Before travelling, consider taking vaccinations against diseases such as Hepatitis A, typhoid, and malaria as Dominican Republic is a hot and humid country where these diseases thrive. If you have any health emergencies after arriving the country, the standards of Dominican Republic health care vary from place to place. Some hospitals don’t sterilize the operating rooms or equipment properly. There are some decent hospitals you can get at the capital Santo Domingo and the famous cities such as Punta Cana.

Tap water is not safe to drink and you should purchase bottled water whenever you feel thirsty. The sun is very strong in the Caribbean, so don’t forget to apply sun screen before you go outside. When hiking or stay outside in the coutryside, you should apply mosquito repellent to prevent against diseases like Malaria and Dengue.  

Local Customs and Etiquette

Understanding the local customs and etiquette before visiting any country is important. Some good tips and advice if you’re planning to visit the Dominican Republic are:

  • Greetings: Dominicans are generally warm and friendly. It’s customary to greet people with a handshake, especially when meeting for the first time. Close friends and family members may greet each other with a kiss on the cheek.
  • Respect for Elders: Respect for elders is highly valued in Dominican culture. It’s common to address older individuals with titles such as “señor” (mister) or “señora” (missus) followed by their last name.

  • Personal Space: Dominicans tend to stand closer to each other during conversations compared to some other cultures. It’s important to respect personal space but also be prepared for closer proximity during interactions.

  • Mealtime Etiquette: Dining is a social affair in the Dominican Republic. It’s polite to wait until the host invites you to begin eating. Try to finish everything on your plate as leaving food may be considered wasteful.

  • Tipping: Tipping is customary in restaurants, bars, and for services like taxis and tour guides. A tip of 10-15% is generally appropriate in addition to the 10% charge that’s automatically included in the service charge and 18% sales tax.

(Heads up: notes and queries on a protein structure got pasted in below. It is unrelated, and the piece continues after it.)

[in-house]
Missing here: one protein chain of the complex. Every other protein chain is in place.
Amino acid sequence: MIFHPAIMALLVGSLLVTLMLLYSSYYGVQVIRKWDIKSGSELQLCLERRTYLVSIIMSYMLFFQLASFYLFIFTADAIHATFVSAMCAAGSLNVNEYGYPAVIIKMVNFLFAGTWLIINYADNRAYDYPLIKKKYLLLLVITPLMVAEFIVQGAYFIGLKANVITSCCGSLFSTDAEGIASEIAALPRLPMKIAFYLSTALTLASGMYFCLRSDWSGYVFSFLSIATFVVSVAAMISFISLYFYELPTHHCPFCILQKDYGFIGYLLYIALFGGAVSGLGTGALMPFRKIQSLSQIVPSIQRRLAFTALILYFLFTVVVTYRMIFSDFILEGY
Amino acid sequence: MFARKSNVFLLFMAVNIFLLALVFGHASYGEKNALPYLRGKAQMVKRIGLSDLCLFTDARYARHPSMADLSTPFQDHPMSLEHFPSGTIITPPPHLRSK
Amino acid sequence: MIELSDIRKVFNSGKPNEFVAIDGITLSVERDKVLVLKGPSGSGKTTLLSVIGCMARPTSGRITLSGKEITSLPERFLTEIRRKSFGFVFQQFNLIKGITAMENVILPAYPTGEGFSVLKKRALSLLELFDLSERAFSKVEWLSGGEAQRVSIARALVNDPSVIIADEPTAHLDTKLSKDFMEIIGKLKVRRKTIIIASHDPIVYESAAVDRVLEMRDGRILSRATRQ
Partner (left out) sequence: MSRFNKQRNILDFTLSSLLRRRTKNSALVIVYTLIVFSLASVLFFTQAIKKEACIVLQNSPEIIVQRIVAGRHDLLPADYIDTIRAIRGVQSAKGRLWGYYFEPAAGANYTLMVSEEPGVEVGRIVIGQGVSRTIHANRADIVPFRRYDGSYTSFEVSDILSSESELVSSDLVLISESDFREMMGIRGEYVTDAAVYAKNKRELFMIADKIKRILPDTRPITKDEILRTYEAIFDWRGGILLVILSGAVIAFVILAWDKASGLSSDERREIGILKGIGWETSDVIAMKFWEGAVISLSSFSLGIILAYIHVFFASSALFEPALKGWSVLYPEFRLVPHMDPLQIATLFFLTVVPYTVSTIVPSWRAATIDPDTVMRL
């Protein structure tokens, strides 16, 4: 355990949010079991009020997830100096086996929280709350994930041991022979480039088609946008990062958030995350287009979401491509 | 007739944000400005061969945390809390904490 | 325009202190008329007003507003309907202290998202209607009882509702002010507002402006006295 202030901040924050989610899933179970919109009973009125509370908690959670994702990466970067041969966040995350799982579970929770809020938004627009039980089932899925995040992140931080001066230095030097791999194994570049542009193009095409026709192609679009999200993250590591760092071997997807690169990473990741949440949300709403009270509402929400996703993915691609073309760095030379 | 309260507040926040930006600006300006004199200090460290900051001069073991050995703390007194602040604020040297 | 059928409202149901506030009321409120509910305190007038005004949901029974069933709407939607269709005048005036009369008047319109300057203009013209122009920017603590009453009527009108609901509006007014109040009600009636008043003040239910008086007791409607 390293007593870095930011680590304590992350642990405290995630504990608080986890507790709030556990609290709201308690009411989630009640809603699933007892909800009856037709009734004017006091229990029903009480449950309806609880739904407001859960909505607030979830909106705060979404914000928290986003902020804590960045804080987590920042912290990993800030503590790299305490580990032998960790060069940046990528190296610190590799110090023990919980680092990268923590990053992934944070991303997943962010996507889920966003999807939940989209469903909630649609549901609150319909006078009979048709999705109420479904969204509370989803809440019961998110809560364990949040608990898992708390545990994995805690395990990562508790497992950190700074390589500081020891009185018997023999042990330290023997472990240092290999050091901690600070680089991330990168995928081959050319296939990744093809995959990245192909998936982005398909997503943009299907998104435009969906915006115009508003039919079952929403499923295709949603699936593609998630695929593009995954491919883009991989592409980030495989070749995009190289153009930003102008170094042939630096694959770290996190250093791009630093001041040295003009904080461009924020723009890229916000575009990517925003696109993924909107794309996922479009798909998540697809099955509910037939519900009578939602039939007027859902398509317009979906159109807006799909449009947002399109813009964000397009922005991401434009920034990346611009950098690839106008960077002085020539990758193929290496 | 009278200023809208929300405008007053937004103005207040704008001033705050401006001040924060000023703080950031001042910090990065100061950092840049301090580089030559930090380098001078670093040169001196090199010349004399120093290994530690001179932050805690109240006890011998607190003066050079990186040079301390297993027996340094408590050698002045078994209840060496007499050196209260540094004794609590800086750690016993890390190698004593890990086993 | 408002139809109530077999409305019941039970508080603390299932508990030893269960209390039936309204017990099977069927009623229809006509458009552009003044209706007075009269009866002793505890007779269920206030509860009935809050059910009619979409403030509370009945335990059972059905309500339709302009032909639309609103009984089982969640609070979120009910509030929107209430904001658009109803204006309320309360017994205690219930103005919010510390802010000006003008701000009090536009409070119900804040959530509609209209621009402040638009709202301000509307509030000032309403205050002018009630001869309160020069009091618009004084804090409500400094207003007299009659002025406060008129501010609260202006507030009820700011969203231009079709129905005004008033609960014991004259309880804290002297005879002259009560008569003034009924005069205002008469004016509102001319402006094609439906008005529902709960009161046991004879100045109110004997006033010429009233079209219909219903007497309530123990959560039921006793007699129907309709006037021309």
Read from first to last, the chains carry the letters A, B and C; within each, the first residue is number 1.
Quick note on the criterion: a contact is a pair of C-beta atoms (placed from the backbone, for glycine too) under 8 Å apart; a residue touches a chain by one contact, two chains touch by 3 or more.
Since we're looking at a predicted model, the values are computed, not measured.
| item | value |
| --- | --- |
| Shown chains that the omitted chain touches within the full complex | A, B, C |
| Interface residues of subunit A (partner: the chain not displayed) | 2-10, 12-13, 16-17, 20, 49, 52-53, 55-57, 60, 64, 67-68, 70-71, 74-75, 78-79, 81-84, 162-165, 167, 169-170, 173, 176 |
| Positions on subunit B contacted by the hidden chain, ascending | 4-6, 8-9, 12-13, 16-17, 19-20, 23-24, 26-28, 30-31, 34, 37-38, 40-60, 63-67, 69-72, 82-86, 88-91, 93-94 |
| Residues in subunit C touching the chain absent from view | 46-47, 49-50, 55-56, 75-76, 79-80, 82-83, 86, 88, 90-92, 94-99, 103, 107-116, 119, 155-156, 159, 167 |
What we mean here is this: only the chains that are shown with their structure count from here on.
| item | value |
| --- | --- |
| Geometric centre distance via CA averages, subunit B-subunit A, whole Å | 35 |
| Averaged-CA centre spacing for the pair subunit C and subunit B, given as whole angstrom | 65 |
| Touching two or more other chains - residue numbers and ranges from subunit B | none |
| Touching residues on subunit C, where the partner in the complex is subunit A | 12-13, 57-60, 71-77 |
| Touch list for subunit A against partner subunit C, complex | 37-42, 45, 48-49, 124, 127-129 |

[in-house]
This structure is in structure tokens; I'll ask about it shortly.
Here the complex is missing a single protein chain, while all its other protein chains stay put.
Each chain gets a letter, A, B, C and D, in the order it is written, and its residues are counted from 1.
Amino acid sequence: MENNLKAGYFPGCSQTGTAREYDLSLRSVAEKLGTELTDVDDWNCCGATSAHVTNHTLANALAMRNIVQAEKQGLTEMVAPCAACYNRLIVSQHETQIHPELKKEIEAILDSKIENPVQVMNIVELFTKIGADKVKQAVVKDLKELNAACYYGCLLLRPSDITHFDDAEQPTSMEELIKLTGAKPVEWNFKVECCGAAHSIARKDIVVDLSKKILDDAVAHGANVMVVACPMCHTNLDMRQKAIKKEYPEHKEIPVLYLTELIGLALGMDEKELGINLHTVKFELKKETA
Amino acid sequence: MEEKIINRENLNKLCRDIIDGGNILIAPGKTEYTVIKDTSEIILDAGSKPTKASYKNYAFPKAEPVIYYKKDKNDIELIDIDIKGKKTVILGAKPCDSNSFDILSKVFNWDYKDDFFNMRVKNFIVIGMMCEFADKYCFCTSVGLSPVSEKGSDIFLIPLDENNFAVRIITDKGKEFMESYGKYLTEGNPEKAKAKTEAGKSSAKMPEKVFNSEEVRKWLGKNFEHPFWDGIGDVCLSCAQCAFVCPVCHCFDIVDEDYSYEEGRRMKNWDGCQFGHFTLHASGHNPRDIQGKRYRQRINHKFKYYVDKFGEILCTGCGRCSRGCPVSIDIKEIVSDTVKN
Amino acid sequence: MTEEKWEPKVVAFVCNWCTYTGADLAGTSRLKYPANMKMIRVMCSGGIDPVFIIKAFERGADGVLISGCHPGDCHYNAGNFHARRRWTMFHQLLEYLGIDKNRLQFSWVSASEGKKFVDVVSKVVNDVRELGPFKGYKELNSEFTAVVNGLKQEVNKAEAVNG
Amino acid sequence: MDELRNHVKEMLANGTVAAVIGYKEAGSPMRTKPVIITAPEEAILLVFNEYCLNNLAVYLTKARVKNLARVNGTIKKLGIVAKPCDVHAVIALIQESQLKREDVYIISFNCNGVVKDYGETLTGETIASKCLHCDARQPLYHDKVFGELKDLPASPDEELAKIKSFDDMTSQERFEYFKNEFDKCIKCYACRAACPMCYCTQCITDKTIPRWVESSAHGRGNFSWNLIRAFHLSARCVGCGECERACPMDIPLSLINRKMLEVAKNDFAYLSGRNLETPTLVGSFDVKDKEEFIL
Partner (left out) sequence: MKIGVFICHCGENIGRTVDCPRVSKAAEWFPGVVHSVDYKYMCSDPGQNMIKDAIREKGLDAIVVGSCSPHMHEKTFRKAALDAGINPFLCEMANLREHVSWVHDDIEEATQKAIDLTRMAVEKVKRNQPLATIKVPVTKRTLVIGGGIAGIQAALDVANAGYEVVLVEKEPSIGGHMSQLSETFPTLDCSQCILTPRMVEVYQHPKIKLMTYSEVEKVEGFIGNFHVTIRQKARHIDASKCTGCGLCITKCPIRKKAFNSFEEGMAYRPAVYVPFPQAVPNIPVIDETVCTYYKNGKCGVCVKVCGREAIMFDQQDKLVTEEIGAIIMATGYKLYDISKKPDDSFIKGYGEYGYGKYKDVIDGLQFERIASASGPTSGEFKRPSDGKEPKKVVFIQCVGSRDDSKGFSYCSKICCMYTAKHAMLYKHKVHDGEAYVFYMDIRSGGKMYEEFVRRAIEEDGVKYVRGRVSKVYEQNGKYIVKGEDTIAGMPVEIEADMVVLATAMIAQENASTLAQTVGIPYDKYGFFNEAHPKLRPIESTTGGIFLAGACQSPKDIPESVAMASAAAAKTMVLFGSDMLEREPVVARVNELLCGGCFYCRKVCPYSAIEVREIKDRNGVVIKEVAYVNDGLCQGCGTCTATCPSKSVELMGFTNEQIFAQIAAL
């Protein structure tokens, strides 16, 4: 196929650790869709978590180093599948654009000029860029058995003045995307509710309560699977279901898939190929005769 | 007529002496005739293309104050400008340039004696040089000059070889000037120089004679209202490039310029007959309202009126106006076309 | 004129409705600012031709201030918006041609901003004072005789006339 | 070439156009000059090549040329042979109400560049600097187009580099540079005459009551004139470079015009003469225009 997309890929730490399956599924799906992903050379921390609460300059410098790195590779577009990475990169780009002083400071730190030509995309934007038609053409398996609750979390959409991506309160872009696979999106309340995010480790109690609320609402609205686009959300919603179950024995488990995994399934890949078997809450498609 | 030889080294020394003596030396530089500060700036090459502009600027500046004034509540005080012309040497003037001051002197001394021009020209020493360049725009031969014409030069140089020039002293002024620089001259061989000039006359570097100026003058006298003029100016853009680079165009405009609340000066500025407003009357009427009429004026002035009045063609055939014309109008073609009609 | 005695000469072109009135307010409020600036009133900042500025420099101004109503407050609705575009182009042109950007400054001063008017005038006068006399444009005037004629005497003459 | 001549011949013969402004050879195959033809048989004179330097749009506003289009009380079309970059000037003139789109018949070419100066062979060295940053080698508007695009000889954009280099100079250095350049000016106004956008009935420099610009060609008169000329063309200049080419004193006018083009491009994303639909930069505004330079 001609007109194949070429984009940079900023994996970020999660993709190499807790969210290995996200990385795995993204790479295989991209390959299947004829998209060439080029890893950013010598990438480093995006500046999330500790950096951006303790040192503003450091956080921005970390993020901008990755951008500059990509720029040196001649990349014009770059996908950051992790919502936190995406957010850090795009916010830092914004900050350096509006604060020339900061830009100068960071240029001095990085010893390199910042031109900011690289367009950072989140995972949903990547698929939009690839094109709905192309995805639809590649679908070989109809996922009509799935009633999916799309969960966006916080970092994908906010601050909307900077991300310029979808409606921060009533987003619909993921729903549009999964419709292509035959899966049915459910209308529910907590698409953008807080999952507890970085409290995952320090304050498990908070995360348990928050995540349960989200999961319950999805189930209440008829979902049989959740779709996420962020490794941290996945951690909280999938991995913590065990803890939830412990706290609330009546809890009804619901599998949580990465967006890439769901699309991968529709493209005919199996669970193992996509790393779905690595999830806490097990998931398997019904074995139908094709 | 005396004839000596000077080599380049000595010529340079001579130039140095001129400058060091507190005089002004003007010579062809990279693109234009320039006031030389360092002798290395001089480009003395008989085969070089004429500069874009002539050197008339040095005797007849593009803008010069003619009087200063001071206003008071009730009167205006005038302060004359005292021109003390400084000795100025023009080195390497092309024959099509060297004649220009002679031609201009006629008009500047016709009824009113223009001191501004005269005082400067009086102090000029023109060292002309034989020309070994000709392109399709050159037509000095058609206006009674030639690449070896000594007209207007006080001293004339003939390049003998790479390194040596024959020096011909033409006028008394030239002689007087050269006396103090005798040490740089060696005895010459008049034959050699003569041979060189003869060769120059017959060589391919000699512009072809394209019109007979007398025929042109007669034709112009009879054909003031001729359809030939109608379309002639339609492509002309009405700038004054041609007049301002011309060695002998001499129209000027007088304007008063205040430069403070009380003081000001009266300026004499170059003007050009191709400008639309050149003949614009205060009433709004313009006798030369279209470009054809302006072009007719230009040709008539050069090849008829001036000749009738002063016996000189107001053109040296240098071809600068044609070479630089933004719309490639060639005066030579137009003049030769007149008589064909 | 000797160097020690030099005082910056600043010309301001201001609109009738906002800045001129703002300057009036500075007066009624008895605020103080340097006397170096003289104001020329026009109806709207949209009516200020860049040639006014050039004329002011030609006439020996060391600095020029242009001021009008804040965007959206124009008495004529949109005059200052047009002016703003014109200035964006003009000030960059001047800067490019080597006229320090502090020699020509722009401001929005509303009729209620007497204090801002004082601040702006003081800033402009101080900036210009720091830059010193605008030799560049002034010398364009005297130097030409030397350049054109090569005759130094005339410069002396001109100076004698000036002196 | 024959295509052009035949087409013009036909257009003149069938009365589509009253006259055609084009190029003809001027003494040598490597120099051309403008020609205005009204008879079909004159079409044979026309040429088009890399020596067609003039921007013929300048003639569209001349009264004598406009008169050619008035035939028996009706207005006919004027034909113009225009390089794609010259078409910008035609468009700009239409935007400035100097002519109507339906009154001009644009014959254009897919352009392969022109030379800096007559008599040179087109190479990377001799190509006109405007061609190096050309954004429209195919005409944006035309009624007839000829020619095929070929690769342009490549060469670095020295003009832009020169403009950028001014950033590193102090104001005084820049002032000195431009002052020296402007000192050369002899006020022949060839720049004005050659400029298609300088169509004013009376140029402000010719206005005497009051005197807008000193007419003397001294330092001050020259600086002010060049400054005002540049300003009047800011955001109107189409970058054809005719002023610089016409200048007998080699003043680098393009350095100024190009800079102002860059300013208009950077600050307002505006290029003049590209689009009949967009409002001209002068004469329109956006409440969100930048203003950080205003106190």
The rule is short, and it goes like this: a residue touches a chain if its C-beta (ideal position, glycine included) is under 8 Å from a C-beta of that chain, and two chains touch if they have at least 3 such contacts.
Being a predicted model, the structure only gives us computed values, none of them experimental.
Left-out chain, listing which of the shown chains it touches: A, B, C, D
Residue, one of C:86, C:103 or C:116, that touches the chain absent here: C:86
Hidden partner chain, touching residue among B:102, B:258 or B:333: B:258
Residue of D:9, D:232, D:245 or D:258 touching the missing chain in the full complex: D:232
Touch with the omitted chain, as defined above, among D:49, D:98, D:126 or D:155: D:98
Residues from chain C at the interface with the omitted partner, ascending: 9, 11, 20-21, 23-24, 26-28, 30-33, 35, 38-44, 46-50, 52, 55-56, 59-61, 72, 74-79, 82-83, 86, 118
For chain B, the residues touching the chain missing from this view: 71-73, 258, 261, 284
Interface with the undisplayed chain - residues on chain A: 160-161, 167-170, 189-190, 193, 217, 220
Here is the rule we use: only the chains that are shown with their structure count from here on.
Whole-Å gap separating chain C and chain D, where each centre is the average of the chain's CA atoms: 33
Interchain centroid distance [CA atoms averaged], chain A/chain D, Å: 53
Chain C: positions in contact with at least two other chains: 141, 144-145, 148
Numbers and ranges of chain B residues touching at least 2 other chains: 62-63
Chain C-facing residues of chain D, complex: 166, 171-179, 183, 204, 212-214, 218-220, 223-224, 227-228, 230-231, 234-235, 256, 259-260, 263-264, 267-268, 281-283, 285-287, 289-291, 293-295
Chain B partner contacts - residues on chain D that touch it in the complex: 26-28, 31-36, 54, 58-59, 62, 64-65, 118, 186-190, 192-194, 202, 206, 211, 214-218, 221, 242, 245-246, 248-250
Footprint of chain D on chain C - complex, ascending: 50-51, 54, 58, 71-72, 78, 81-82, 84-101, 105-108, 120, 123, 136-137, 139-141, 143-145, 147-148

Crime & Safety

Although DR is a relatively safe place, the crime rate has been increasing since 2007 in the urban areas. However, popular tourist areas like Punta Cana, Puerto Plata, and Samaná are generally safe due to heightened security measures. But just like any other countries, petty crimes such a pickpocketing, bag snatching, and theft of belongings are generally common. So make sure to keep your belongings close to your body and keep an eye on the surroundings when visiting crowded places.

When visiting urban areas such as Santo Domingo, be extremely careful and don’t come outside at night as these places have higher crime rates. Be cautious of scams targeting tourists, such as overcharging for goods or services, fake tour operators, and fraudulent schemes. Always verify the legitimacy of businesses and services before making any transactions.


Dominican Republic has one of the finest communication infrastructure in the Caribbean. In urban areas and tourist destinations, you can expect good coverage and high-speed internet access. However, coverage may be more limited in rural or remote areas.

Purchasing a local SIM card is easy and can be done at the mobile shop, carrier store or straight from the airport. Some of the major providers include Claro, Altice (formerly Orange), and Viva. You’ll need to present your passport to register the SIM card. If you prefer to use your existing SIM card from your home country, check with your mobile provider about international roaming rates and coverage in the Dominican Republic.

Wi-Fi is widely available in hotels, restaurants, cafes, and shopping malls throughout the DR. Many accommodations offer free Wi-Fi for guests. You can also find public Wi-Fi hotspots in urban areas.